I hope you are having fun with the example. Java creates an empty array and then you can access the elements with indexOf(). You can also access the elements as a set.
java.lang.ArrayIndexOutOfBoundsException is one of the most common reasons to ask “Why do I need an array?” When Java creates an empty array, it will throw an exception because the length of the array is 0. This makes sense when you think about it because you can’t have any more elements in an array.
Java has another way to accomplish the same thing, but it is not as common. Java has a method called arraySize that gives you the number of elements in an array. I think that is a much cleaner method when you think about it because if you have an array with 0 elements and you try to access one of them, it will throw a runtime error.
arraySize is a better method because it also works with primitives, such as double and String (which are not objects). The reason it was a little easier to use in the first place is because arrays are objects, so this method was actually created by the Java designers specifically for this case.
The arraySize method is also more readable.
There’s no reason to create an array just to store a null value in java.
Another problem with creating a new array each time you want to access a value is that they are stored in memory one at a time. If you have a million elements in a array and you need to access just one, you have to access every element individually. That’s not a big deal, but it makes it difficult to find things when you want to do a lot of calculations.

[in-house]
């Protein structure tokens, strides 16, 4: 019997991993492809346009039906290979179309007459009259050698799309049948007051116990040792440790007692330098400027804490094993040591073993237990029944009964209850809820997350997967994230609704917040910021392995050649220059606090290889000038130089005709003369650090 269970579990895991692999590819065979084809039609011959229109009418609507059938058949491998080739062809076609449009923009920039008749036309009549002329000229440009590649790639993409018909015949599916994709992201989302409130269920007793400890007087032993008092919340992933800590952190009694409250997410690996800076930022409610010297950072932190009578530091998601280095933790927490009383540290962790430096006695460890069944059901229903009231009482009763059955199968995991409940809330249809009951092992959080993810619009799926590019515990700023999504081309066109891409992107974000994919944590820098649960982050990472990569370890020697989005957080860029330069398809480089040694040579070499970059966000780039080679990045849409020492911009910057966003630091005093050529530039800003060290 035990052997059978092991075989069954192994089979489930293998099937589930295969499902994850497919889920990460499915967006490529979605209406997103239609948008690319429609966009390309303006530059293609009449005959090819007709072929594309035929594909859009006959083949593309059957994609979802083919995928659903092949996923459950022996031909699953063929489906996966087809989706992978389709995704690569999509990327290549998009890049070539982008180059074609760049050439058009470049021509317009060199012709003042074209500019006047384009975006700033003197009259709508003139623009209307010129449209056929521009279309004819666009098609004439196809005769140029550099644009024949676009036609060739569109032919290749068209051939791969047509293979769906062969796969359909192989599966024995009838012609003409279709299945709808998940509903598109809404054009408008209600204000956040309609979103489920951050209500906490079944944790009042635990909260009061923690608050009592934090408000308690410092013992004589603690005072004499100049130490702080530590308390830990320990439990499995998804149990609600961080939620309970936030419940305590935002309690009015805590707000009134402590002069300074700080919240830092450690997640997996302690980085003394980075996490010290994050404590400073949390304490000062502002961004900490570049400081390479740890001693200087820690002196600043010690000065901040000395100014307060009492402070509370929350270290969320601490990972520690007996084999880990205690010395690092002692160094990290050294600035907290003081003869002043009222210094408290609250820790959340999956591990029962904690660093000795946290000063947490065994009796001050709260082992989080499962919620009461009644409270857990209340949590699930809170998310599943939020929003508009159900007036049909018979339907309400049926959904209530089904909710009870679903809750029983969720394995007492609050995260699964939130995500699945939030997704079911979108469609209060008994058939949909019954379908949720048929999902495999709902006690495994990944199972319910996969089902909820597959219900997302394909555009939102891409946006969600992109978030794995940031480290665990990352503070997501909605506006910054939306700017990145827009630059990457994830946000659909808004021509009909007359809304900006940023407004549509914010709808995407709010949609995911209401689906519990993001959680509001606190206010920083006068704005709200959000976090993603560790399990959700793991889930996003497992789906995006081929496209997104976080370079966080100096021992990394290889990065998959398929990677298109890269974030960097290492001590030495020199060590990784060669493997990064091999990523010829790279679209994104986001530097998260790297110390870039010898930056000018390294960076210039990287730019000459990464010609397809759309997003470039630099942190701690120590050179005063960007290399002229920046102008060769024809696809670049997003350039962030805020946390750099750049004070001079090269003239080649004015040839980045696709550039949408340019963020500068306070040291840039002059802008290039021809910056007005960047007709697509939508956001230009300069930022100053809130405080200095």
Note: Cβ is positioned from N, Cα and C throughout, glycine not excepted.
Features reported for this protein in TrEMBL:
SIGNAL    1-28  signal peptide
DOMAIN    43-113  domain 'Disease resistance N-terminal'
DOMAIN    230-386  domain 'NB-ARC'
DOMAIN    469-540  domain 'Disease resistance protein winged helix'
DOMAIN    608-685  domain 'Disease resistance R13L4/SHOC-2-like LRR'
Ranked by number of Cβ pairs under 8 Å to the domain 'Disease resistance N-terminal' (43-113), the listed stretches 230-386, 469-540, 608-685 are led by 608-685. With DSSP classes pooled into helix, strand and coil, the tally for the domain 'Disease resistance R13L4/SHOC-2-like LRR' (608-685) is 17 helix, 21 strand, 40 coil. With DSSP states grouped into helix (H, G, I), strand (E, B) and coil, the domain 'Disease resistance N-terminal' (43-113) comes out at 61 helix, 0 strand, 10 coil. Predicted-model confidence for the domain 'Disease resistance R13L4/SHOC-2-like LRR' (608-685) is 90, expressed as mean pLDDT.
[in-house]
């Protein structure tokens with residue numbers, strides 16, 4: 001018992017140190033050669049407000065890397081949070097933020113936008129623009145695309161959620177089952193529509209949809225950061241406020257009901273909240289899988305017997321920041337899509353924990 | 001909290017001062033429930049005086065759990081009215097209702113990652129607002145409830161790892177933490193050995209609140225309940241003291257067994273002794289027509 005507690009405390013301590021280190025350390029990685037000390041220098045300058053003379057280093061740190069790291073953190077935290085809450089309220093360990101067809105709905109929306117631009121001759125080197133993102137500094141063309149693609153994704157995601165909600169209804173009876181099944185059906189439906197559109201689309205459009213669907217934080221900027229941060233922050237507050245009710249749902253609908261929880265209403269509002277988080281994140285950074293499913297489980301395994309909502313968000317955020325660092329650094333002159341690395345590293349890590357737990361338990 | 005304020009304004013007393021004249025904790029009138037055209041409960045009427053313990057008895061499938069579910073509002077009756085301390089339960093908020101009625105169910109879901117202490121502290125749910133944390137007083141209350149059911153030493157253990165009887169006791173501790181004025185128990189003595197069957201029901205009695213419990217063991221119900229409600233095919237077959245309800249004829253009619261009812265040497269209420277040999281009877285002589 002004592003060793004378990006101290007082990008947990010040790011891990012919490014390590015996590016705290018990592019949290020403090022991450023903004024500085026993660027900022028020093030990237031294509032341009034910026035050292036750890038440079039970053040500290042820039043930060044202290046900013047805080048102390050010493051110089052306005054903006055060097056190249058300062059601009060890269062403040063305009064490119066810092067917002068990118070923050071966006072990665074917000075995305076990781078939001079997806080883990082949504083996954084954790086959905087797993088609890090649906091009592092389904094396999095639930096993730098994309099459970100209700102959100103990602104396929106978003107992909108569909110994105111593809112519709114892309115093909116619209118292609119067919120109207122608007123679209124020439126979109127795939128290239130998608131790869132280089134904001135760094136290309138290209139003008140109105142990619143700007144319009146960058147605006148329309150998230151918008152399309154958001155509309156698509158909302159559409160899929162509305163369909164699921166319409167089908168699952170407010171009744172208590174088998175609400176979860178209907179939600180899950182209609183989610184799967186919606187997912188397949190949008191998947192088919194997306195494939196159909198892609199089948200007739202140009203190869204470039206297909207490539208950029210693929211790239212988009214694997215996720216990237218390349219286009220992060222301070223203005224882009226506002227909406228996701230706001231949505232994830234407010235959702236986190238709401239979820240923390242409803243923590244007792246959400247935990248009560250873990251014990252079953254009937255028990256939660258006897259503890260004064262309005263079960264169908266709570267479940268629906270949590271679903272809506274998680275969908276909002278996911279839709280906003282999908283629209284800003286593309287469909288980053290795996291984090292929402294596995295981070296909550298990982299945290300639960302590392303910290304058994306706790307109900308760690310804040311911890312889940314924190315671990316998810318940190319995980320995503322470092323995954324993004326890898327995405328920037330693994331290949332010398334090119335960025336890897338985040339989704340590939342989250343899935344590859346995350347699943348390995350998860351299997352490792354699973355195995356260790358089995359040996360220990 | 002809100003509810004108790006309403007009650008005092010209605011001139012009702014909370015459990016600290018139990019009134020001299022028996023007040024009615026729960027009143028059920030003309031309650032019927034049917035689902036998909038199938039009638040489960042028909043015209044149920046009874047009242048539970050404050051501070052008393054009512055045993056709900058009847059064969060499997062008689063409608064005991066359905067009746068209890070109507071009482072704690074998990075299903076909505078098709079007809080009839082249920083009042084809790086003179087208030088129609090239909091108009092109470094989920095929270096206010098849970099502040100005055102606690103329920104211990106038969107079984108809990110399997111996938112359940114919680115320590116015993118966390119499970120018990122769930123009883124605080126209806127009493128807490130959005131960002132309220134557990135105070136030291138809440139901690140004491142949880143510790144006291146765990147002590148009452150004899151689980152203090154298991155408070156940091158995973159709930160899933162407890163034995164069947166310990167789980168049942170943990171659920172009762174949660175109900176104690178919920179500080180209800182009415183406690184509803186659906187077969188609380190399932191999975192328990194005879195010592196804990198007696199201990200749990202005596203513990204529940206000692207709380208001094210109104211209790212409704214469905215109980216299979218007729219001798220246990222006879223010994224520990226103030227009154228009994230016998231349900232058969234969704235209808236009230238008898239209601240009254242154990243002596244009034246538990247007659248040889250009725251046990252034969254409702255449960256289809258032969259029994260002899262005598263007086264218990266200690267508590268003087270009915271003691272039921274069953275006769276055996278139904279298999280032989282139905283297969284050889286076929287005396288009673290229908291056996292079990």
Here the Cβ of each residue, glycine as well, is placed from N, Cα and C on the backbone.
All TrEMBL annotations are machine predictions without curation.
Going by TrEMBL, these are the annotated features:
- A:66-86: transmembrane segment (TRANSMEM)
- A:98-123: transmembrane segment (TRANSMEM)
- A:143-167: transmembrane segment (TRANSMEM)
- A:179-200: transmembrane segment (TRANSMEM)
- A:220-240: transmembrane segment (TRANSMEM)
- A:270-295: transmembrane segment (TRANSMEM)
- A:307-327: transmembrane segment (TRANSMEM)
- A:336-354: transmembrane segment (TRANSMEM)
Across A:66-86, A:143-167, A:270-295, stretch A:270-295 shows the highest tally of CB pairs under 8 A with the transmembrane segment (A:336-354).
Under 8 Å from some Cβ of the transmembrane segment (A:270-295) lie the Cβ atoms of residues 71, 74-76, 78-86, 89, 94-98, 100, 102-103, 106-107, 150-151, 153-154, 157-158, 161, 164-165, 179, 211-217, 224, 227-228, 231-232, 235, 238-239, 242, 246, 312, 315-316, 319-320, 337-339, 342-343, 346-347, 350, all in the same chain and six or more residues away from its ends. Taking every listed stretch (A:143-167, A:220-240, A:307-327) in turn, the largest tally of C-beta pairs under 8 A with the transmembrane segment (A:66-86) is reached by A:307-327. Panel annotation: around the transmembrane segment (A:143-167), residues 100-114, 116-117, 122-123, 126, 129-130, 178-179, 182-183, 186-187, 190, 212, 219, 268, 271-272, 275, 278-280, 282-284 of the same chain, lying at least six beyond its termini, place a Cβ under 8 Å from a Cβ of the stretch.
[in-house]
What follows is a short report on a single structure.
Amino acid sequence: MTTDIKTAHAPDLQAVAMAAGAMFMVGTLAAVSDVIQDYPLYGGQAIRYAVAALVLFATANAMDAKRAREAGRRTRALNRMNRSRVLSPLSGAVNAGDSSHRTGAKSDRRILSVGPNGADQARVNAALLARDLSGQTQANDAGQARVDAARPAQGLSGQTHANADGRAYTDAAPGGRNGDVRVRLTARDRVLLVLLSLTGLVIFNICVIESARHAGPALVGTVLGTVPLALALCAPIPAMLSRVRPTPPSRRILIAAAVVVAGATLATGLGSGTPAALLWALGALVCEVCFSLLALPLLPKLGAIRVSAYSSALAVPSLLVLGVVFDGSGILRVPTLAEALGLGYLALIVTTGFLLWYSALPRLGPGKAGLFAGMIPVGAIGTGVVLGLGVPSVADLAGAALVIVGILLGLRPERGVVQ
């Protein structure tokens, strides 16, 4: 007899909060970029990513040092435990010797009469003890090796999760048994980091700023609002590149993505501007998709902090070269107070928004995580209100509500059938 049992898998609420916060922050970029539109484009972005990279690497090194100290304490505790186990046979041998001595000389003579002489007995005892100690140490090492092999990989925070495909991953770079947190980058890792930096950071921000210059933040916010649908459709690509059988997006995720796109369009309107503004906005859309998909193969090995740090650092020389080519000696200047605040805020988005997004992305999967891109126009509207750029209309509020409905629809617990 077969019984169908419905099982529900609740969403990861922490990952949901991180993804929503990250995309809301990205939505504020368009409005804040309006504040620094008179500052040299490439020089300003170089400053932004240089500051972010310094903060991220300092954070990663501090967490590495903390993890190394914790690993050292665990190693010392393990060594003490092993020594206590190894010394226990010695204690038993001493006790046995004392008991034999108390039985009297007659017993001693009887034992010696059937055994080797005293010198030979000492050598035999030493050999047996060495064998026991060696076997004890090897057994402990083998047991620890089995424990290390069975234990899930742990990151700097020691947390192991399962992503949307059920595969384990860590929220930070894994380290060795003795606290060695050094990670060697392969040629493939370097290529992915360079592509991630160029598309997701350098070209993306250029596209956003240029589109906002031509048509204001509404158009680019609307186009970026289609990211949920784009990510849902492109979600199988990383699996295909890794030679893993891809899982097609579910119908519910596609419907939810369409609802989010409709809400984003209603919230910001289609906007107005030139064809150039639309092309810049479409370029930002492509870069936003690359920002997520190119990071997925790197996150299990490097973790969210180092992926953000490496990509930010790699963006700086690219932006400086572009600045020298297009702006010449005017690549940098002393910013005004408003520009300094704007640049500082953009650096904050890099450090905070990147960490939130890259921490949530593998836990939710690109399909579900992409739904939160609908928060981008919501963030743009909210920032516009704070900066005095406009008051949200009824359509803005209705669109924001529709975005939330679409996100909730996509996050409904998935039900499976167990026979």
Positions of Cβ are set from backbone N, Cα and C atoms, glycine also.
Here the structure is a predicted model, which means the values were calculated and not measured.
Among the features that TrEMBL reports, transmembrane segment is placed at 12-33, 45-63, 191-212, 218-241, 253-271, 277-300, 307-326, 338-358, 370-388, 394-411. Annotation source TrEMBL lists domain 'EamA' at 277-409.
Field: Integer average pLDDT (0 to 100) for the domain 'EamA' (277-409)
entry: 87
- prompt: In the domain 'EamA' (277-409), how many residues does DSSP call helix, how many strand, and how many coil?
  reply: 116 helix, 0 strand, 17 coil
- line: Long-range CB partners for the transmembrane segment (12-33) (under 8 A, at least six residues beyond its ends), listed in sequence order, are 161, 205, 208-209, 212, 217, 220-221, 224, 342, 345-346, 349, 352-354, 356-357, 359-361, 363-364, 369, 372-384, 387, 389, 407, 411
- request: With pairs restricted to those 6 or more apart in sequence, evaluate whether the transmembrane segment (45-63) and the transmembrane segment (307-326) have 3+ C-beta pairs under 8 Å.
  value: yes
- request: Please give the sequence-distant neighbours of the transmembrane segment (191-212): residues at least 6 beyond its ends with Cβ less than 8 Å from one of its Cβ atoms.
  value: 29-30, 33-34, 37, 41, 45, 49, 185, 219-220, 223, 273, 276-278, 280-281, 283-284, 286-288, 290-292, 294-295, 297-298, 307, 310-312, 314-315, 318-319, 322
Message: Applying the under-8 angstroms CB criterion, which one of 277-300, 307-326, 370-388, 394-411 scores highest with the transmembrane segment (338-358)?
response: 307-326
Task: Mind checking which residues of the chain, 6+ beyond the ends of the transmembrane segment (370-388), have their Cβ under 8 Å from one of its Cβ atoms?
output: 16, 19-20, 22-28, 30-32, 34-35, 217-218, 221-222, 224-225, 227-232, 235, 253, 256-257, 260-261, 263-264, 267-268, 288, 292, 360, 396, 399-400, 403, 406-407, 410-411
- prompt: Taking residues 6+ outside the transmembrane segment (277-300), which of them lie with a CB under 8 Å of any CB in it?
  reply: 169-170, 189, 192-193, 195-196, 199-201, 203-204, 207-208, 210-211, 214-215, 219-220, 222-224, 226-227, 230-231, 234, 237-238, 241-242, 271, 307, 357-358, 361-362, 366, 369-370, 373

Creating an array each time you want to do a calculation is a common mistake, but it is not that common. It is also really easy to fix. Simply declare a new java.lang.Boolean field and use that field as a defaultValue for each element. This will give you a single field that is always non-null. Even if there are only 10 elements in the array, you can now use the defaultValue to access them.
I’m sure you’ve seen the code I wrote for this when I ran into an error. But that’s not my whole explanation, so here’s the rest: If you have a single large number that you need to store and use as a default value, you need to declare a new java.lang.Boolean field and use that field as the default value of each element.
We’ve been using the java.lang.Boolean for a long time in our project and it always works great.